Supreme Court rules against Aereo in landmark television debate

Shawn Knight

TechSpot Staff
Staff member
The way we watch television in this country isn't going to change anytime soon. The Supreme Court on Wednesday ruled that television streaming startup Aereo violates copyright laws by capturing over-the-air signals using an array of mini antennas and delivering...

[newwindow="https://www.techspot.com/news/57225-supreme-court-rules-against-aereo-in-landmark-television-debate.html"]Read more[/newwindow]
 
G

Guest

Aereo will be missed. I loved their service. It was the wave of the future for television.
 

insect

TS Evangelist
Maybe I don't understand this Aereo thing completely... Why would anyone pay for something that is broadcast over the air for free?
capturing over-the-air signals using an array of mini antennas and delivering said content to subscribers for a fee.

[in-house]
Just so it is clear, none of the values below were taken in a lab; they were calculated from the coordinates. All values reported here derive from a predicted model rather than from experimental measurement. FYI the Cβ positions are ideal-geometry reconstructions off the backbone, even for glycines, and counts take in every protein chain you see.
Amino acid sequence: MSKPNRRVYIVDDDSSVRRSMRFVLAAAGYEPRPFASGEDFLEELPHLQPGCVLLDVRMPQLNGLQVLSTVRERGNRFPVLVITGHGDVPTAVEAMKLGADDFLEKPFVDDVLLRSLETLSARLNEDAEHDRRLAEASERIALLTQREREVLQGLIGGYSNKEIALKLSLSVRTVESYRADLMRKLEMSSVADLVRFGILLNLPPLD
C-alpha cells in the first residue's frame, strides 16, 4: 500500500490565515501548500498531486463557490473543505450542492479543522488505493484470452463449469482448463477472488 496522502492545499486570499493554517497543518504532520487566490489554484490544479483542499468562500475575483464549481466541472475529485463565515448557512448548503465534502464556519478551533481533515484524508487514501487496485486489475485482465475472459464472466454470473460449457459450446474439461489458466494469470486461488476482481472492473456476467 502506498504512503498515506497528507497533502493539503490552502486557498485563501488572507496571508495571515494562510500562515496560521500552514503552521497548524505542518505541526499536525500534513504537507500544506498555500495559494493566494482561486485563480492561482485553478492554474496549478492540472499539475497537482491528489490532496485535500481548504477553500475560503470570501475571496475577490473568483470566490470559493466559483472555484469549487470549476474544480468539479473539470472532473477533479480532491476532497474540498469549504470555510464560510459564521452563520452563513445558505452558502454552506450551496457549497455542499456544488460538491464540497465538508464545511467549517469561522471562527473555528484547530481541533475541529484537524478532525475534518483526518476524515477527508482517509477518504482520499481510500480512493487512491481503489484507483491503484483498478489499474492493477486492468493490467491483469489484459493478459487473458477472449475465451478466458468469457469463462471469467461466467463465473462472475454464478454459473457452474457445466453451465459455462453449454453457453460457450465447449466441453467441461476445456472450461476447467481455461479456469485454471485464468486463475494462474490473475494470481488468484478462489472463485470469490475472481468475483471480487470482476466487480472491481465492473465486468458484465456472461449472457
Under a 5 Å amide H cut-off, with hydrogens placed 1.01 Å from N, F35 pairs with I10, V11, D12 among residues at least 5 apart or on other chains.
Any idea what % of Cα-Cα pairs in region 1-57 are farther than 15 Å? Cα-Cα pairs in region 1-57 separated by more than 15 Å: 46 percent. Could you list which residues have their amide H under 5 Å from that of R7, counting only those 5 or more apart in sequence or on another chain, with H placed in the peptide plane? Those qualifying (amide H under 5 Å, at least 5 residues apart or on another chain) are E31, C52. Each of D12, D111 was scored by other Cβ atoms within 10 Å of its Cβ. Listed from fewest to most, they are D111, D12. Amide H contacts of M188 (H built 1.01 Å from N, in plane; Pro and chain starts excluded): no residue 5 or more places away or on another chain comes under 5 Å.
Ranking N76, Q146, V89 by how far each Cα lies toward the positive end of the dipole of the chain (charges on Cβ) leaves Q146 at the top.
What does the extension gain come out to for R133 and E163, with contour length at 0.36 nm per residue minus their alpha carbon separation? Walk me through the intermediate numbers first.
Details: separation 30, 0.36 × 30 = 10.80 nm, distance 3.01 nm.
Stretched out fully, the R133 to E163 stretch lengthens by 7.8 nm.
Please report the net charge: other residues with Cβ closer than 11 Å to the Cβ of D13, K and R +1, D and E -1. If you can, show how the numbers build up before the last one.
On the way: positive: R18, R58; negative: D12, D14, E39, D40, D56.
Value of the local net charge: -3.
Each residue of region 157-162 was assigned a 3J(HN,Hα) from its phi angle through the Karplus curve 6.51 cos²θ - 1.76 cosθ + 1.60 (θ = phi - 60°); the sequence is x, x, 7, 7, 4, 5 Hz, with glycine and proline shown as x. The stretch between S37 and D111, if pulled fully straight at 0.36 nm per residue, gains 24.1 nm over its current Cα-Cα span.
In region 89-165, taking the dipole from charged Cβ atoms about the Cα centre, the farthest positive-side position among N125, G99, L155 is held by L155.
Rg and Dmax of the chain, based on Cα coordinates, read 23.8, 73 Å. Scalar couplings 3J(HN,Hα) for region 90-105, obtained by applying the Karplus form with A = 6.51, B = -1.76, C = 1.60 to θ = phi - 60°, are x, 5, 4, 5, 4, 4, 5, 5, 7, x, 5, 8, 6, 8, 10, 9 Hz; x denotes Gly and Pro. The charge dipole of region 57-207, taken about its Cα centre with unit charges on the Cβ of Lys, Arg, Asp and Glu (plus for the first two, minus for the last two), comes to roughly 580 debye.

Were they capturing paid service signals? If so, then to me it seems clear that is a violation of copyright. Take for example, I buy a book then head to the local park and start reading it aloud. Someone near me is writing it all down word for word. That person near me would still be in violation of copyright.
 

amstech

IT Overlord
Just a minor setback.
The days of people dropping $100-$200 monthly for 1600 channels they don't watch are coming to an end. Most users today want only 5-20 select channels and internet. If cable providers didn't package/bundle TV in, the amount of users who needed/wanted regular TV would substantially drop.
We are changing our plan from 2.5MBps and Digital + HD channels to 5.0MBps and basic TV. Commercial television (other then sports and cooking shows) sucks.
 

TadMSTR

TS Booster
Maybe I don't understand this Aereo thing completely... Why would anyone pay for something that is broadcast over the air for free?